Dave Bittner: And that is why Joe is no longer welcome at the Yogi Bear ride.

Joe Carrigan: Right.

Dave Bittner: I will add here just a little side note, and I'm pretty sure I've talked about it here before, that one time I had a credit card issue and I pulled my credit card out of my wallet and I turned it over. And I dialed the 800-number on the back of the card. And I was halfway down a phone tree before I realized it was a scammer who was on the phone with me, because I had misdialed the number. And so the scammers knew what the bank's number was, and I guess they had just bought up every fat-fingered close number, you know?

Joe Carrigan: Off by one.

Dave Bittner: Yeah.

Maria Varmazis: Yeah.

Dave Bittner: Or flipping a couple of numbers or whatever. And it sounded like I was at the bank. And something tipped me off and I hung up and called back. And that time, I was much more careful that I dialed the right numbers. So, you know, I think Maria, your point is great that yes, there are best practices, but at the same time. I always joke and say, Meanwhile, here in the real world, it's much more complicated than that.

Joe Carrigan: Yeah, it is.

Maria Varmazis: It is.

Joe Carrigan: I like your explanation, Maria, that it gets -- real life is much more messy than that.

Maria Varmazis: Yeah, I mean, I could go on and on about it forever, honestly, but I just think of all the phone calls I get during the day, 70% of them are spam that I ignore, but the other 30% are from people I don't know that are calling me for legitimate reasons. And am I supposed to not trust any of that? I mean, maybe. One could argue maybe you should never trust any phone call. But, you know, I just -- especially if you've got, like, a lot of family around or something, you're going to get random phone calls and you don't really know what it's going to be about all the time.

Joe Carrigan: Yeah.

Dave Bittner: All right, well, let's jump into our stories here. And I guess I'll kick things off for us. My story this week comes from Brian Krebs over at Krebs on Security, a very well-known security journalist I suppose is the best way to describe Brian. And he was writing about some malicious hackers who are targeting people in the cryptocurrency space. And they're using the online calendar scheduling app Calendly.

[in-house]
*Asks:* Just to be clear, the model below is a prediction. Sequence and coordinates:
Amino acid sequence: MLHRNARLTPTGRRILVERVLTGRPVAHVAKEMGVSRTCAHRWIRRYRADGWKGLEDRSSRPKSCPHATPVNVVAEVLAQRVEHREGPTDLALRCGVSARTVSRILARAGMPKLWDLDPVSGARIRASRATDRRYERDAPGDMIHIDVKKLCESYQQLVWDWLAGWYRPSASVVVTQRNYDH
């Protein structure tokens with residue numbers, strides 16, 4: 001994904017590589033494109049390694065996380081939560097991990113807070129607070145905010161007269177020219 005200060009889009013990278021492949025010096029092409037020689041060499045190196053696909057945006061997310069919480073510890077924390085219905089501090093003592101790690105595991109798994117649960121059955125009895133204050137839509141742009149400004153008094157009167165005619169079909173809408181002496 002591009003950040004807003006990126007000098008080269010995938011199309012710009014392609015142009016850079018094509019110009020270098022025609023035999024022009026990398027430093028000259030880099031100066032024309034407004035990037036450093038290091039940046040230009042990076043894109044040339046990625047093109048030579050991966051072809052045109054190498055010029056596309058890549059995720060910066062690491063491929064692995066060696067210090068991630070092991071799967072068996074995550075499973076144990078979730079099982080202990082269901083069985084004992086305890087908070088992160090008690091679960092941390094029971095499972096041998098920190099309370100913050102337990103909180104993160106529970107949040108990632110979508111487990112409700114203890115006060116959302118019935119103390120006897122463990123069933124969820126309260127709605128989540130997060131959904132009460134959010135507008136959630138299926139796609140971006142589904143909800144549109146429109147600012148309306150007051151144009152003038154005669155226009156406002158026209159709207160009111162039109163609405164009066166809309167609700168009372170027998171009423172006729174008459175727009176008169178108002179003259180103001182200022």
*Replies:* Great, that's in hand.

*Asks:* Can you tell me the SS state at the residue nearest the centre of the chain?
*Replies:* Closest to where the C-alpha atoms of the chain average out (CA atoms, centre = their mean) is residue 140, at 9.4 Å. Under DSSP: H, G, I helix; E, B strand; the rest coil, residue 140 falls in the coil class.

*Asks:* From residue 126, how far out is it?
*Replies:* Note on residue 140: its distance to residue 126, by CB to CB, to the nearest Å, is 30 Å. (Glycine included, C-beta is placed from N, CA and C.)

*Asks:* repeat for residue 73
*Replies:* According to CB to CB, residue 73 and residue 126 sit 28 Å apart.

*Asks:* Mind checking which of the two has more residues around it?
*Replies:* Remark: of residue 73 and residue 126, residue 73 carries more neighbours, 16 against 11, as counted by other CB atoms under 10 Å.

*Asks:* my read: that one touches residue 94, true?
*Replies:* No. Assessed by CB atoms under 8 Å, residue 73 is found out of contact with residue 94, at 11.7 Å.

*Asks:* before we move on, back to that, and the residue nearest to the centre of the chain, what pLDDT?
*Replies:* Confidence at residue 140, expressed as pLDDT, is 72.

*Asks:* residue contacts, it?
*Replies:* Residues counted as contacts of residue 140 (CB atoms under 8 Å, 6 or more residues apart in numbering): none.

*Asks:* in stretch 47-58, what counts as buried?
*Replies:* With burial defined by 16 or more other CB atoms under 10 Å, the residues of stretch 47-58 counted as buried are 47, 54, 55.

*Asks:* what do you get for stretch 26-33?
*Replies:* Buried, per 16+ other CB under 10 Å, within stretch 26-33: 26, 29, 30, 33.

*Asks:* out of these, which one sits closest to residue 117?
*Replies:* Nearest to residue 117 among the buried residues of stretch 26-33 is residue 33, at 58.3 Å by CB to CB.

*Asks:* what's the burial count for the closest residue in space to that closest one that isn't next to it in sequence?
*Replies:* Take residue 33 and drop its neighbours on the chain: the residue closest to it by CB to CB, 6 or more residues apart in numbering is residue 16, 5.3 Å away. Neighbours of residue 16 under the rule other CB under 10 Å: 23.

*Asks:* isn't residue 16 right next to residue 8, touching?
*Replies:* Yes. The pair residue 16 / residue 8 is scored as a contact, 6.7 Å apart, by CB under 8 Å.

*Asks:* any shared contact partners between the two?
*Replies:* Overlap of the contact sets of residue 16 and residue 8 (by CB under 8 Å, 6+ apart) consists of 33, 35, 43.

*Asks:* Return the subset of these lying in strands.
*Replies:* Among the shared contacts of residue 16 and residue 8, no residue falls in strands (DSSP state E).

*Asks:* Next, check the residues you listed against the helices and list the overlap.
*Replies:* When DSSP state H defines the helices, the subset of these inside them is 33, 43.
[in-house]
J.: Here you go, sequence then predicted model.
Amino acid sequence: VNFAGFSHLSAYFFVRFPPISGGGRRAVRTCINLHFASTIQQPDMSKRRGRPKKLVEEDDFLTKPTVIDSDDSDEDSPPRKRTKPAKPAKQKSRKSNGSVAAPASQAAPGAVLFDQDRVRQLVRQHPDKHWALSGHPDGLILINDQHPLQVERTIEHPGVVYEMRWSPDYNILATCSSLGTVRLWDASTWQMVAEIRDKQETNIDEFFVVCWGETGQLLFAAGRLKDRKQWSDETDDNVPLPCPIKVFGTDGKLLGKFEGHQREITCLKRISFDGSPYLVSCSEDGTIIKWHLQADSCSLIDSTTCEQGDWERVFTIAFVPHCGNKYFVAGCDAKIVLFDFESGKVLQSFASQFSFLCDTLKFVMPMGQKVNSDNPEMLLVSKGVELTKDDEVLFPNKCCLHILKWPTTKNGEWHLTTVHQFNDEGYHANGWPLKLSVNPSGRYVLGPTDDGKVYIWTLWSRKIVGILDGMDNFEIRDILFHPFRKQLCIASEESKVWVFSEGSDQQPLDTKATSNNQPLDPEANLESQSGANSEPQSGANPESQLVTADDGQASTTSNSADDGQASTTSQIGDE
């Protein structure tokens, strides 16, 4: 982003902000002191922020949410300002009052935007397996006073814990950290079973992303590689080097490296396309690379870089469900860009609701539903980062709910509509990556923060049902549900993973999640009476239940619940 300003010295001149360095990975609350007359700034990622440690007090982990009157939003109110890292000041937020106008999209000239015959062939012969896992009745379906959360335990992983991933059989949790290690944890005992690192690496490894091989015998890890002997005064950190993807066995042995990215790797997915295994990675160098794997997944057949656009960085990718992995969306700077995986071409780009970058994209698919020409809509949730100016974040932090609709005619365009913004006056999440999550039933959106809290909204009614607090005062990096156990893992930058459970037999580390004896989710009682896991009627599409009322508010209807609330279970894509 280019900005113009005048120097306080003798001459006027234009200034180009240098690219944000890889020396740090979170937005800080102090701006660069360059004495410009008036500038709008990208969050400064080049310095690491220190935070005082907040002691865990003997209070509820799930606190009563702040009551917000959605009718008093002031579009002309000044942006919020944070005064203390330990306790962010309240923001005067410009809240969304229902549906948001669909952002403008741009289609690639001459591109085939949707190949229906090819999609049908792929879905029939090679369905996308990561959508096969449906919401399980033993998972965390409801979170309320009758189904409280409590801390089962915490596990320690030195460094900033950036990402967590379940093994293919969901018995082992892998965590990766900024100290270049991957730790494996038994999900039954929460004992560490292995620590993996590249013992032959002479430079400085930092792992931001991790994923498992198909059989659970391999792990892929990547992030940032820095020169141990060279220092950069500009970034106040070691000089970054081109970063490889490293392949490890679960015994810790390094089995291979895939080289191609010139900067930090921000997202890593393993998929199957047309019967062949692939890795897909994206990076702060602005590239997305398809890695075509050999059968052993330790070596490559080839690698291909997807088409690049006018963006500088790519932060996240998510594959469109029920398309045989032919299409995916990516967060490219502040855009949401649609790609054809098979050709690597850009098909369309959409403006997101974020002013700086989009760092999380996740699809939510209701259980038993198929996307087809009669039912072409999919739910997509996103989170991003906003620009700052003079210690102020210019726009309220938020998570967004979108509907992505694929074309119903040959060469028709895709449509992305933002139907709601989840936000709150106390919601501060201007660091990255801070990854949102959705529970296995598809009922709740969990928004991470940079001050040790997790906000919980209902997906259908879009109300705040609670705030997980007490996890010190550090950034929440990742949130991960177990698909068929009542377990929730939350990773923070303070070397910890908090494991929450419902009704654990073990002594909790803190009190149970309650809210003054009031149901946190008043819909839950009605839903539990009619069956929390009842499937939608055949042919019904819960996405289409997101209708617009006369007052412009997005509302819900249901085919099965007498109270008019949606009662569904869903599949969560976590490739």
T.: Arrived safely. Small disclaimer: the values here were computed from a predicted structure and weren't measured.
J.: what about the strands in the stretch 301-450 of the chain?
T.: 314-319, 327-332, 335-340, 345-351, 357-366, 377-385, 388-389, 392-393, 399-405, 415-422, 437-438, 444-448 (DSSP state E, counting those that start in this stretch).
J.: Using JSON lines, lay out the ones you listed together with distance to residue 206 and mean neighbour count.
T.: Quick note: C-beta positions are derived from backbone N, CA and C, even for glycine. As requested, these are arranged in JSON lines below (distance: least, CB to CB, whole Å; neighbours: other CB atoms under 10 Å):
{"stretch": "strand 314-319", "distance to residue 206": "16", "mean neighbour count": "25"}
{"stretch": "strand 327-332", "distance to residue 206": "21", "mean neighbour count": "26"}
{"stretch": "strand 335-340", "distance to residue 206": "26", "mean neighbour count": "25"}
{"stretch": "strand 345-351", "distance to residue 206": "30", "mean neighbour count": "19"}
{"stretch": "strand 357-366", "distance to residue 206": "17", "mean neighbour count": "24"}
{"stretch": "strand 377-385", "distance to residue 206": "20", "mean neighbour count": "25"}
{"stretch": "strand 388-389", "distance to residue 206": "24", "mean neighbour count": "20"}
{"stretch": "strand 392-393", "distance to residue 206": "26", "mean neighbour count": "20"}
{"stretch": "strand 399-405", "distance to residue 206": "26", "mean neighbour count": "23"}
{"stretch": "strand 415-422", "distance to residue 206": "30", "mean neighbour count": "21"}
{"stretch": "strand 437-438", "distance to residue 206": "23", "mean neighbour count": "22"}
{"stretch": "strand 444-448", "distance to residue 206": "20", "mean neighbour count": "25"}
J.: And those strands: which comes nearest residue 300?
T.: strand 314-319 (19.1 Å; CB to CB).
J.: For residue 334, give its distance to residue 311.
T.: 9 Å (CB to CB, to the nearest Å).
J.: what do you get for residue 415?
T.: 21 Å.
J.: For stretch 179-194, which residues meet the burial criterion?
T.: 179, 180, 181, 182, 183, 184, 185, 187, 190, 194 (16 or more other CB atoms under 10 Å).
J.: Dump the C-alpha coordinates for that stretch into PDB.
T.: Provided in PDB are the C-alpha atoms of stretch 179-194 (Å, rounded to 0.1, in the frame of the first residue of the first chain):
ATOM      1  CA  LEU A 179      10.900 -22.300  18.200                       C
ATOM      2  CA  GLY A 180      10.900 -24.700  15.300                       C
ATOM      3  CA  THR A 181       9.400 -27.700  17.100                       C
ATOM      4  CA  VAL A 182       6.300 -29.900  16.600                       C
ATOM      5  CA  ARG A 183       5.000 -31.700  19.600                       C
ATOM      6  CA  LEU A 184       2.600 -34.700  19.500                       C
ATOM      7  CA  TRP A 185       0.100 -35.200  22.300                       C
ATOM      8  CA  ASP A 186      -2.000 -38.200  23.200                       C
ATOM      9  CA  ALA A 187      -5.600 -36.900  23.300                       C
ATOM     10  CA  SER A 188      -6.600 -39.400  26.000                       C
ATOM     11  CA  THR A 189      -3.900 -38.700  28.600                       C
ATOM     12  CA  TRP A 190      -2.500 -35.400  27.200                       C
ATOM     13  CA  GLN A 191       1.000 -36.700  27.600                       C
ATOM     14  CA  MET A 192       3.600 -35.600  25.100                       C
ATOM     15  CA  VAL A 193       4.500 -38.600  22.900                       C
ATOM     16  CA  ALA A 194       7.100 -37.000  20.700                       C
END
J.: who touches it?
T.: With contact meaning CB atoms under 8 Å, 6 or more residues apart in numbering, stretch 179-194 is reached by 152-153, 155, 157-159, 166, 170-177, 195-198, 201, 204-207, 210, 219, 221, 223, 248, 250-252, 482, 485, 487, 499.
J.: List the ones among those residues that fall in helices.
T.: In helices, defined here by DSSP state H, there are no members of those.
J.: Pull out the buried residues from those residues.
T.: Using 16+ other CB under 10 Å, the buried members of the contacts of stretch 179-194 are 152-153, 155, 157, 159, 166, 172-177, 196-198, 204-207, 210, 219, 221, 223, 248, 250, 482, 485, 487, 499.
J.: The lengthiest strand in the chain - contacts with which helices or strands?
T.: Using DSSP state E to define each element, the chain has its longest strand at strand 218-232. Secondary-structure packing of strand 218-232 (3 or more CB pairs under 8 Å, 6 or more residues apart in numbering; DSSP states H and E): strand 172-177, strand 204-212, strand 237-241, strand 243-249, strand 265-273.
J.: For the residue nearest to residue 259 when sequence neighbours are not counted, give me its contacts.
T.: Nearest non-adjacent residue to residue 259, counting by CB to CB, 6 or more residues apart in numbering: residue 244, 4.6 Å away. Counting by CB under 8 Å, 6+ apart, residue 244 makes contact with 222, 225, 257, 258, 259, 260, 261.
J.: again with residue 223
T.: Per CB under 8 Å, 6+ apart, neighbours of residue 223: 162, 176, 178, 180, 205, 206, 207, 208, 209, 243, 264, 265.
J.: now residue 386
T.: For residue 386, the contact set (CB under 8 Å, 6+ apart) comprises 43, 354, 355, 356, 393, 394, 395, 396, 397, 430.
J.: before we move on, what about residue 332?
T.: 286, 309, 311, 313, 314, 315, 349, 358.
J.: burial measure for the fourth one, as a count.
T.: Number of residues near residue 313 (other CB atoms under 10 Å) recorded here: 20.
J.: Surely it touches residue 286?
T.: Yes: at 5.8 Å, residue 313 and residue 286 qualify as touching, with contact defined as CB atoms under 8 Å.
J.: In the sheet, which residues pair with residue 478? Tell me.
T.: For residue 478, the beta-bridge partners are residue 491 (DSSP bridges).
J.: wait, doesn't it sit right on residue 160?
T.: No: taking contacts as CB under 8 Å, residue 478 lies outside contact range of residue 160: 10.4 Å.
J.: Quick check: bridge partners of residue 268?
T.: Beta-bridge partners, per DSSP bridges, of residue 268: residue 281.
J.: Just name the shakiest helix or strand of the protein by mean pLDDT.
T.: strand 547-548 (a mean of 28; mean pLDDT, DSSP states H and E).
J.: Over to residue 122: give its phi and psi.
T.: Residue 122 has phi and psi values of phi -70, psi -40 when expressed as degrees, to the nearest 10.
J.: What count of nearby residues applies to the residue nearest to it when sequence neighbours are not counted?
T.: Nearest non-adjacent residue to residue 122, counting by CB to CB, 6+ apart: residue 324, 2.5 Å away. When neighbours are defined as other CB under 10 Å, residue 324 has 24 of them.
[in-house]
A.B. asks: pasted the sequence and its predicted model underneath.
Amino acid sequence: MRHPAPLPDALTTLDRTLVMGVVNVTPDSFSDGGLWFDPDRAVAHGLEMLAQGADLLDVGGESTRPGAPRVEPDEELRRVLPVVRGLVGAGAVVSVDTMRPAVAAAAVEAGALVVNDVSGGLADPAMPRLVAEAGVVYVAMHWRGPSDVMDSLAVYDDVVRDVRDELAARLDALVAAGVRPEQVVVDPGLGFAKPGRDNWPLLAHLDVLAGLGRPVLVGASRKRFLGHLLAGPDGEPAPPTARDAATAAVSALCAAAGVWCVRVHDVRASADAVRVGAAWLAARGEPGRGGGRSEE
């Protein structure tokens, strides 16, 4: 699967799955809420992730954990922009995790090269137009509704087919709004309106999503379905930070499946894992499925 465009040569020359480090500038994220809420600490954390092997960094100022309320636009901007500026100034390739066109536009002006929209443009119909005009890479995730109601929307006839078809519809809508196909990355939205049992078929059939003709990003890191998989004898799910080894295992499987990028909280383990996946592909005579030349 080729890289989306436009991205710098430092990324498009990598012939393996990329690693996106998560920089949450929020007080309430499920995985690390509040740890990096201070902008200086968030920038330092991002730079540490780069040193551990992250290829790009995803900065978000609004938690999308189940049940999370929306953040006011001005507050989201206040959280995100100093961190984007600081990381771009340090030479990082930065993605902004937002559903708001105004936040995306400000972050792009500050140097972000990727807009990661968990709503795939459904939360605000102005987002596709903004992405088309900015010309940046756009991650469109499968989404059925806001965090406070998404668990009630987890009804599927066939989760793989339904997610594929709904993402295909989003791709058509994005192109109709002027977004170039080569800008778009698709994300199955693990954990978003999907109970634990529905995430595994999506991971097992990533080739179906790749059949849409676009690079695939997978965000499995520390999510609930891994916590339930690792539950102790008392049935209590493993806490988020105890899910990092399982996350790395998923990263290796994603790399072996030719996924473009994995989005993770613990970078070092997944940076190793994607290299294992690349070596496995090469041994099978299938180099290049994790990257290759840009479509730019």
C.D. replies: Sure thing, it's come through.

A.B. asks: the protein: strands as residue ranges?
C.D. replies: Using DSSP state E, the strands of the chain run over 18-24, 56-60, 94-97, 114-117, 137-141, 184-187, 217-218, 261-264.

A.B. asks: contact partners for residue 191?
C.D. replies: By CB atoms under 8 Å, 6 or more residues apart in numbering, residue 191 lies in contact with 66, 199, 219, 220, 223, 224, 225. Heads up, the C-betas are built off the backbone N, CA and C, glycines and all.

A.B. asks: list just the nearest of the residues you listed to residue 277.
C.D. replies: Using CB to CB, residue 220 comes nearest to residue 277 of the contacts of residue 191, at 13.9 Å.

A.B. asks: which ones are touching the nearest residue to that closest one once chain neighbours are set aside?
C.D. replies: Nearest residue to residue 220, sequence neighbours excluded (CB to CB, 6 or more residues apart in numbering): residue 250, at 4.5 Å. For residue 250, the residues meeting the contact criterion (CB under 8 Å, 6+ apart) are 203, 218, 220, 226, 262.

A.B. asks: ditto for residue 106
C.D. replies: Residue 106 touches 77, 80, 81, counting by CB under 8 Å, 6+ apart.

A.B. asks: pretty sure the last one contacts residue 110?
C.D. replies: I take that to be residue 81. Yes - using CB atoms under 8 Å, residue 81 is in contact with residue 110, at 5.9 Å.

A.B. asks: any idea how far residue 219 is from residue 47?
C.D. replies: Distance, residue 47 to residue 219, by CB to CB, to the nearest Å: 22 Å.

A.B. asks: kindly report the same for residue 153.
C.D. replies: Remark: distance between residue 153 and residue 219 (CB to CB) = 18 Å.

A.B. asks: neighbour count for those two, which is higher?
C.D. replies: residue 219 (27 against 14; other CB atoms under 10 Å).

Maria Varmazis: Oh my gosh.

Dave Bittner: Yeah, so Maria and I are having a shared moment of terror because we both use Calendly for our --

Maria Varmazis: Yeah.

Joe Carrigan: Is this the one where somebody says, Hey, make an appointment on my Calendly and I'll get back to you.

Maria Varmazis: I live on Calendly. That's how I do most of my job.

Joe Carrigan: I don't know, I find it off-putting when someone sends me that, and, you know, tells me to get on their calendar.

Dave Bittner: Well, I'll tell you in a professional environment, it is a huge time saver and lifestyle upgrade. Because what it does is it lets me, for example, to just put little chunks of time throughout my week when I will be available to do things like interviews for the CyberWire or "Hacking Humans".

Joe Carrigan: Right.

Dave Bittner: Then, if someone wants to do that, one of our producers can send them the link to that Calendly and then they can choose when they want to sign up for a slot. So what it avoids is all the what about Tuesday? Okay, well, no, I can't do Tuesday. Can you go Wednesday?

Joe Carrigan: Right.

Dave Bittner: Well, how about two o'clock? No, four o'clock. And so --

Joe Carrigan: I agree. It's an elegant solution.

Dave Bittner: Yeah, all of that back and forth goes away. I agree it's a little weird I think in a personal situation. Like, you know, Hey, would you like to go out for a date? Sure. Here's my Calendar.

Maria Varmazis: Here's my Calendly.

Joe Carrigan: Maybe that's the problem with it I have, is I just take it too personally.

Maria Varmazis: Can you imagine.

Joe Carrigan: Yeah, I should appreciate the improvement process.

Dave Bittner: Right. Right. So this story follows someone who got scammed. And so because of that, Brian Krebs is not using the real name, so he's referring to this person as Doug. And Doug was reached out to by someone on a -- someone on Telegram, and he was -- Doug was active in the cryptocurrency world. And he got reached out to by someone who's claiming to be someone named Ian Lee from an organization called Signum Capital. And evidently, if you're in the crypto world, both of those names mean something. And to me they do not, but it is a well-known real person and place that has a reputation that is good in the cryptocurrency world.

Joe Carrigan: Ah, okay.

Dave Bittner: So, this person reached out and said, Hey, I understand you have a startup. I like to fund things, we should talk, and they engaged via Calendly. Now, one of the things that Calendly allows you to do, and before we were doing this show, earlier today I was poking around on my Calendly to just figure out, like, Does it do that? Yeah, it does that. It allows you to include an extra link with the event. So, for example, Joe, like, if you'd wanted to book an interview on the CyberWire, you could do so. And once it sent you the invite, that invite could also include a link but the link would be through Calendly so it looks legit.

Joe Carrigan: Ah, so it's like -- it's like having a little bitly right in there with it.

Dave Bittner: Yeah, but you're going to trust it because --

Joe Carrigan: It says Calendly.

Dave Bittner: -- it says Calendly, and you've already done business through Calendly to make all this happen.